credentials := "Signature" SP params
params := keyId "," algorithm [", " headers] [", " ext] ", " signature

keyId := "keyId" "=" plain-string
algorithm := "algorithm" "=" DQUOTE ( rsa-sha1 / rsa-sha256 / rsa-sha512 /
                                      dsa-sha1 / hmac-sha1 / hmac-sha256 /
                                      hmac-sha512 )
                             DQUOTE
headers := "headers" "=" plain-string
ext := "ext" "=" plain-string
signature := "signature" "=" plain-string

plain-string   = DQUOTE *( %x20-21 / %x23-5B / %x5D-7E ) DQUOTE


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2.1.1.  Signature Parameters

The following section details the signature parameters of the Authorization Header.



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2.1.1.1.  keyId

REQUIRED. The `keyId` field is an opaque string that the server can use to look up the component they need to validate the signature. It could be an SSH key fingerprint, an LDAP DN, etc. Management of keys and assignment of `keyId` is out of scope for this document.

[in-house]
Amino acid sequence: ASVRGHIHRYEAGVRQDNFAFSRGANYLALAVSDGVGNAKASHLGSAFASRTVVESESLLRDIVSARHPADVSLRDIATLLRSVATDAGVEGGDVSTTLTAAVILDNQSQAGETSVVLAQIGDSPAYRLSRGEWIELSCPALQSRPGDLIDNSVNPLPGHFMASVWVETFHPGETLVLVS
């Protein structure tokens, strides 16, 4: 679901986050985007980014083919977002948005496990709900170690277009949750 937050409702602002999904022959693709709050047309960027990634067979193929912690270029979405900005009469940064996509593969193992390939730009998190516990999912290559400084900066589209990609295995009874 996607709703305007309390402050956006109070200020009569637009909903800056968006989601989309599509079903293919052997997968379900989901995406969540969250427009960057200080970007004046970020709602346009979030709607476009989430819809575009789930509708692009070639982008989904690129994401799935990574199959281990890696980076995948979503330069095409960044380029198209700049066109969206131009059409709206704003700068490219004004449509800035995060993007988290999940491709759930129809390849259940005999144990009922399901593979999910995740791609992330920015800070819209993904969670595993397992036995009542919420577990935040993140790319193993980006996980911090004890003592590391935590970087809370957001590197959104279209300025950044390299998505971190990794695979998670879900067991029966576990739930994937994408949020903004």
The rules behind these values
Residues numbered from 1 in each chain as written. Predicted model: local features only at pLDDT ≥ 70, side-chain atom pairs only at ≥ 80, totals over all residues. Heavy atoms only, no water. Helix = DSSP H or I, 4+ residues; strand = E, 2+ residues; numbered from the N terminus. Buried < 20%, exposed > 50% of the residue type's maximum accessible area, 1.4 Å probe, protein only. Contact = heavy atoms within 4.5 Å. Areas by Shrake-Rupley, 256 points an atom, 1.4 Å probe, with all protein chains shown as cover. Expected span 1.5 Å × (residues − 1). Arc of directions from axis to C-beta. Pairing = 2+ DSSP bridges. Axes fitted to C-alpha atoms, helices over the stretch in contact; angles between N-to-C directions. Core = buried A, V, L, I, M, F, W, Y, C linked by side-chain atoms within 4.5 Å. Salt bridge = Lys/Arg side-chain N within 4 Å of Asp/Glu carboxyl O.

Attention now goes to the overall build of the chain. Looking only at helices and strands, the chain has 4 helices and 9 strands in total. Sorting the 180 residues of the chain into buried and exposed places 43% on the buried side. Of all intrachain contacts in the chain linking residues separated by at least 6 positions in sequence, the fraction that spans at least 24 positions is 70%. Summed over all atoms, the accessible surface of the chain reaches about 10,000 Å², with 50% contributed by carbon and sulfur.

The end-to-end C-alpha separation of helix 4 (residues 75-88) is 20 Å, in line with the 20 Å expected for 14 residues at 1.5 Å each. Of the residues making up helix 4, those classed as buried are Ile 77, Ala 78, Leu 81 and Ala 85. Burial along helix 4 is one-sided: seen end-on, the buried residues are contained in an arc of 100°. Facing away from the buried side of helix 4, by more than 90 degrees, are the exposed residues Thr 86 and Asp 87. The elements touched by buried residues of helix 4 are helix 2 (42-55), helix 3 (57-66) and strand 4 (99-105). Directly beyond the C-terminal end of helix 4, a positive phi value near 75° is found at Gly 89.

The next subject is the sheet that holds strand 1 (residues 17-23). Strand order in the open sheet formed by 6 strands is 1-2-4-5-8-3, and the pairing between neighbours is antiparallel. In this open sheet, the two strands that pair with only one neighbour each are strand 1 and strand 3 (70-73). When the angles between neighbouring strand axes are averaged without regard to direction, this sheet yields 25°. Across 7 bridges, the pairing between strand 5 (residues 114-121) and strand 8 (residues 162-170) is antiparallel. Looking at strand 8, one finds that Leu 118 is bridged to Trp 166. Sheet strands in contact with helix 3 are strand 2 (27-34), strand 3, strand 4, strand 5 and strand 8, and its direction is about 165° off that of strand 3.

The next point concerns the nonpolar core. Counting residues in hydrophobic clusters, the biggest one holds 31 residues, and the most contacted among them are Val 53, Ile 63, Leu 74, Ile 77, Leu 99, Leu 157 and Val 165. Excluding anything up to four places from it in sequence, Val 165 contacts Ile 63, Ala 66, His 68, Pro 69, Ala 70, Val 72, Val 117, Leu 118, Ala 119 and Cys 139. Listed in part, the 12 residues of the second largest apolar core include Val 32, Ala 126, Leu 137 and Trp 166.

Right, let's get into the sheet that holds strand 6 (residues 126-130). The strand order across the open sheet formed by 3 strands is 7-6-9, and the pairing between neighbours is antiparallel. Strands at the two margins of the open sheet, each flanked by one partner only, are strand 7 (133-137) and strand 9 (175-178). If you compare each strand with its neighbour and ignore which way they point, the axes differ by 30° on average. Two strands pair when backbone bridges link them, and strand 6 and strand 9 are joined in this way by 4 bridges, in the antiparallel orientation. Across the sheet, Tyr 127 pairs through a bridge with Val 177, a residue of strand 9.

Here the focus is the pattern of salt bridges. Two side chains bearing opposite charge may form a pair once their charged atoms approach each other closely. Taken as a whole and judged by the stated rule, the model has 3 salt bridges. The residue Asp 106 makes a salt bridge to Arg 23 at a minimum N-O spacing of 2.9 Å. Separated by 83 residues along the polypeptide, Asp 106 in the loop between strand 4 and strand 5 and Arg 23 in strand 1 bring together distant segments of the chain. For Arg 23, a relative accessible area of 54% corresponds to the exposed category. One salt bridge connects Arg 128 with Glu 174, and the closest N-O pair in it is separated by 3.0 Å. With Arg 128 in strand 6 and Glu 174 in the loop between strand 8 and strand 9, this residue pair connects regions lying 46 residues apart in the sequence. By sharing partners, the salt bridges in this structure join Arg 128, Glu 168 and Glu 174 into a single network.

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2.1.1.2.  algorithm

REQUIRED. The `algorithm` parameter is used if the client and server agree on a non-standard digital signature algorithm. The full list of supported signature mechanisms is listed below.



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2.1.1.3.  headers

OPTIONAL. The `headers` parameter is used to specify the list of HTTP headers used to sign the request. If specified, it should be a quoted list of HTTP header names, separated by a single space character. By default, only one HTTP header is signed, which is the `Date` header. Note that the list MUST be specified in the order the values are concatenated together during signing. To include the HTTP request line in the signature calculation, use the special `request-line` value. While this is overloading the definition of `headers` in HTTP linguism, the request-line is defined in RFC 2616 (Fielding, R., Gettys, J., Mogul, J., Frystyk, H., Masinter, L., Leach, P., and T. Berners-Lee, “Hypertext Transfer Protocol -- HTTP/1.1,” June 1999.) [RFC2616], and as the outlier from headers in useful signature calculation, it is deemed simpler to simply use `request-line` than to add a separate parameter for it.